S: “[T]here’s Día de los Muertos which is Day of the Dead. So for that we like have an alter in our house, which is basically just like pictures of all our dead relatives and we light candles and then we… pray to God that there like in a better place. A lot of the times we go to like the cemetery and we bring like food, their favorite food and we place it at like their grave and like tombstones and that’s you offering up the dead person’s favorite food. I forget what the reasoning is, you might want to research into that, but it’s like so they have something to remind them of their old life, comfort food? I’m not sure but you take their favorite food to their grave site.”
He later told me he celebrates it on November 2nd, but November 1st is celebrated too however that’s only for saints/angels.
S is a Mexican American born in Long Beach, California. His parents are from Mexico. S celebrated this holiday since he was little as his parents taught it to him with one of his earliest memories of Día de los Muertos was celebrating it with and for his grandmother. S’s take on Día de los Muertos is it’s about preserving history and keeping traditions alive.
S: “I like to think about it in terms of like when someone passes there’s a chance they’re not going to be remembered by like history you know? Like so few people get remembered by like the things they contributed to the world. Even historical figures, no one really likes… they just learn about them because you have to, no one really remembers as much. And when it comes to your family, you’re the only person who’s going to remember them. In terms of history, you know, they’re just going to be washed away like they didn’t really exist, so I guess it’s up to you to keep their memory alive and just make sure like the things they did while they were alive matters to you and it means something as a way to keep them like they’re still here, you know? Cause when you die, you’re gone, but your memory lives on and I guess that’s a way to make sure their memory doesn’t also die and they still live on through that which I guess is a big part of Day of the Dead and stuff like that.”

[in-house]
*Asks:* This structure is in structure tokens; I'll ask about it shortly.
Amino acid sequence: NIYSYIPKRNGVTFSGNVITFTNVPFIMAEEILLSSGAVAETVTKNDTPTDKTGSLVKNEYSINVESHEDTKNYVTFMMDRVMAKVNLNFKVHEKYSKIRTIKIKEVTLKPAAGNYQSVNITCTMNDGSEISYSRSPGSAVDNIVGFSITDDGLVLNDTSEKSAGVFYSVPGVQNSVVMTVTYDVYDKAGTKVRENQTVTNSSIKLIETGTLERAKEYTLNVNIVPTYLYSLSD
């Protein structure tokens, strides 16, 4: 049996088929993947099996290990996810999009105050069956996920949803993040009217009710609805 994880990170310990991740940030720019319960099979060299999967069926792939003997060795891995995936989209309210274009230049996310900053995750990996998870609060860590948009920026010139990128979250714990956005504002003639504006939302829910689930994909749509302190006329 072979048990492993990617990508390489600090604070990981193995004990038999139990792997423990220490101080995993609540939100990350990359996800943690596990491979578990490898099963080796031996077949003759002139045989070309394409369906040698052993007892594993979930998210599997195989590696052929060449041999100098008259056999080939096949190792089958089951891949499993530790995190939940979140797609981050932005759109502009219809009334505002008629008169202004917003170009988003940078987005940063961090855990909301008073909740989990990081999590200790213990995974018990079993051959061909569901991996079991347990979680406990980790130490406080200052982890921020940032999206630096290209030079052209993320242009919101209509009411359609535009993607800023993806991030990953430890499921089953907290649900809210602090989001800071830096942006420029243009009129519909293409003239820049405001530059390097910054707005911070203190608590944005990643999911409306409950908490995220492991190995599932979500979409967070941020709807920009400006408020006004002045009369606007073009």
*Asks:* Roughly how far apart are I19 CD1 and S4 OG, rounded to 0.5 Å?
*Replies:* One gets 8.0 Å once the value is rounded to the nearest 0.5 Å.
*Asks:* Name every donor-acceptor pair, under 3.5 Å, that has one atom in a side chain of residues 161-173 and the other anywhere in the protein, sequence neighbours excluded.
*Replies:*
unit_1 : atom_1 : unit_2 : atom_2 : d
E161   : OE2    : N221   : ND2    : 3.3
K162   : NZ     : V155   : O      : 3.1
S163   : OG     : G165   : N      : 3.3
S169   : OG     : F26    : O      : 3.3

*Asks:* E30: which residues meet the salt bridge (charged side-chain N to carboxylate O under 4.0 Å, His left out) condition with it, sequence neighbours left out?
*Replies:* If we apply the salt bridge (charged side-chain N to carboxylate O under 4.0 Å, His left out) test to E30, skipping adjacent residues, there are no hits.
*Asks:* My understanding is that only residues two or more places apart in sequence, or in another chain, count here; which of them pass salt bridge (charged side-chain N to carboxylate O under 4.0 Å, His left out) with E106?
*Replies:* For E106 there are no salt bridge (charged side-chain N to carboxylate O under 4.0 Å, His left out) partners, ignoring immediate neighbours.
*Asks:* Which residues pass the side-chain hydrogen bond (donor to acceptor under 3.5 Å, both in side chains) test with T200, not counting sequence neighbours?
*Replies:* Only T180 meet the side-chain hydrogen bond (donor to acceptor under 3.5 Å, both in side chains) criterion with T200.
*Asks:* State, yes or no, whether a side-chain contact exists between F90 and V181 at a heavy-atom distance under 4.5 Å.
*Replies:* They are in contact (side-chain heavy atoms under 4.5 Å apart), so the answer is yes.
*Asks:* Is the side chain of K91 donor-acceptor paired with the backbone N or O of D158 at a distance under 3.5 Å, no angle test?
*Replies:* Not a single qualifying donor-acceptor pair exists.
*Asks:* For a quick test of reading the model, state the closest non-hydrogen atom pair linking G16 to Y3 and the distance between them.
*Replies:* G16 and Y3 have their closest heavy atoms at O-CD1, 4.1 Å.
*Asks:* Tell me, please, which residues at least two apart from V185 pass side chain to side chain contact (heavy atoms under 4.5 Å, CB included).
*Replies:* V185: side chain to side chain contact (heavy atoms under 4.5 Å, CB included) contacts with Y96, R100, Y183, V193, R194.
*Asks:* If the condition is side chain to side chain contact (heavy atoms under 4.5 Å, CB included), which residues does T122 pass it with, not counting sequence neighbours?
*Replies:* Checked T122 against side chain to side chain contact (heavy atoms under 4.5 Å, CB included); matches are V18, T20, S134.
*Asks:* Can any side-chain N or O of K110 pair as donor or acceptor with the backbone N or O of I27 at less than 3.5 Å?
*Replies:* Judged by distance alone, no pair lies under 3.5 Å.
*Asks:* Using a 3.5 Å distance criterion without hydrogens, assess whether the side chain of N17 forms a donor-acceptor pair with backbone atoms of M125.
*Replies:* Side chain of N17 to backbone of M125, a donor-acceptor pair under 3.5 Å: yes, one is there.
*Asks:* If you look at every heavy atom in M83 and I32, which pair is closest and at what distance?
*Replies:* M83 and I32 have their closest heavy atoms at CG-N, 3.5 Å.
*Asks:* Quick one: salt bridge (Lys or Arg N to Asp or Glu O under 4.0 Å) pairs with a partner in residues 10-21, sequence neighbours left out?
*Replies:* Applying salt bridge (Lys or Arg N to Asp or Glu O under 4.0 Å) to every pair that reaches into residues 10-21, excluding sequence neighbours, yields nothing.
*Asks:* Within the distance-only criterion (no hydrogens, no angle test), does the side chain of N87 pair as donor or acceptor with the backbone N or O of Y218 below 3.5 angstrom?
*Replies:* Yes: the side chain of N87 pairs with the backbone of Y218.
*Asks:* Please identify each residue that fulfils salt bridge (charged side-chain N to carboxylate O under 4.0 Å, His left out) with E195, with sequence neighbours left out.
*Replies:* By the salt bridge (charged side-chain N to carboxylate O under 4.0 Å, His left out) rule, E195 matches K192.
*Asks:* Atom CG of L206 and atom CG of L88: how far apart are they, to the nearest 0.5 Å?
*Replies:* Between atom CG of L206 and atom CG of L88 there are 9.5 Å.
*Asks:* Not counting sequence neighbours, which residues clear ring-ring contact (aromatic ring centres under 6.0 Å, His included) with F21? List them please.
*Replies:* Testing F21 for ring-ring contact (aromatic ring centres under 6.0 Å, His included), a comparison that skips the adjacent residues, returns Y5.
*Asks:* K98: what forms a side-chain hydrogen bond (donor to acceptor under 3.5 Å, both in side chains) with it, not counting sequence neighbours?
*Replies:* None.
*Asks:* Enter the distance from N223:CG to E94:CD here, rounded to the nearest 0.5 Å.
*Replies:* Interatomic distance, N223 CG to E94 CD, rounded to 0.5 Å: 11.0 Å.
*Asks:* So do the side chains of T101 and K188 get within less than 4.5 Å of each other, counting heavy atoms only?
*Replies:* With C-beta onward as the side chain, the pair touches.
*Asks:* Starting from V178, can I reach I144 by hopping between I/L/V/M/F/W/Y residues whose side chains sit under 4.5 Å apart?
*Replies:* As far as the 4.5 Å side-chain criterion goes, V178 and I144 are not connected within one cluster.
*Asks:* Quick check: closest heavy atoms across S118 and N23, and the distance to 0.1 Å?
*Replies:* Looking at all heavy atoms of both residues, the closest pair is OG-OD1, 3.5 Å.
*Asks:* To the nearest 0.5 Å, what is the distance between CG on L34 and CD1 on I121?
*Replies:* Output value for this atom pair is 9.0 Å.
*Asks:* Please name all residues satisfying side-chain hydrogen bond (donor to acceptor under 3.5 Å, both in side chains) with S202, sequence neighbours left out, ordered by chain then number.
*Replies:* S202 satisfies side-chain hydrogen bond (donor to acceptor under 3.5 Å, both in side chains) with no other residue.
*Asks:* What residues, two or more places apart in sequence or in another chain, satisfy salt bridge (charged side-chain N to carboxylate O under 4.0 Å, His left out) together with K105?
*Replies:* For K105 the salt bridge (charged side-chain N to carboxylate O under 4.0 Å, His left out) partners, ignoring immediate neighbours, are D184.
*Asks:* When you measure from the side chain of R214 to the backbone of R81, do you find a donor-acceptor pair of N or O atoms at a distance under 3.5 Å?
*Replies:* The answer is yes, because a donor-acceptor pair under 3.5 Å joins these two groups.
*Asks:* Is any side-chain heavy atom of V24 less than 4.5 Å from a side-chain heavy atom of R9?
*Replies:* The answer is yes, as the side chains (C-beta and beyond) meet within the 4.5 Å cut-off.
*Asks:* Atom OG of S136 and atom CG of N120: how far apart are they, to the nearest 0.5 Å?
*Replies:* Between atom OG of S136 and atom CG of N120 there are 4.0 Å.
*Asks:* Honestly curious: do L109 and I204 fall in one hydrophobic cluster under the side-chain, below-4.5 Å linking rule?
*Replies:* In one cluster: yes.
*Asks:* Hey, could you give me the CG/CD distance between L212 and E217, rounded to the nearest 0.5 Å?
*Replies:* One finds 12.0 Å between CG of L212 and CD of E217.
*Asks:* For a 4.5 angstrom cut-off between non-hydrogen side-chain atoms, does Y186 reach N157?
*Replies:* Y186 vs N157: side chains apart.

Día de los Muertos is very much about honoring and remembering loved ones. They can be for family members, friends, idols, etc. however important ones are mostly for family members. As S explained, people celebrate this holiday to keep their loved ones alive in spirit as despite being physically gone. The concept of offering foods at graves and alters with pictures of the passed away is similar to the idea Valk explained with ghosts haunting family members and being territorial. Though the spirits of those who passed away here are tied to their graves and alter photos and are not hostile but almost guardian-like.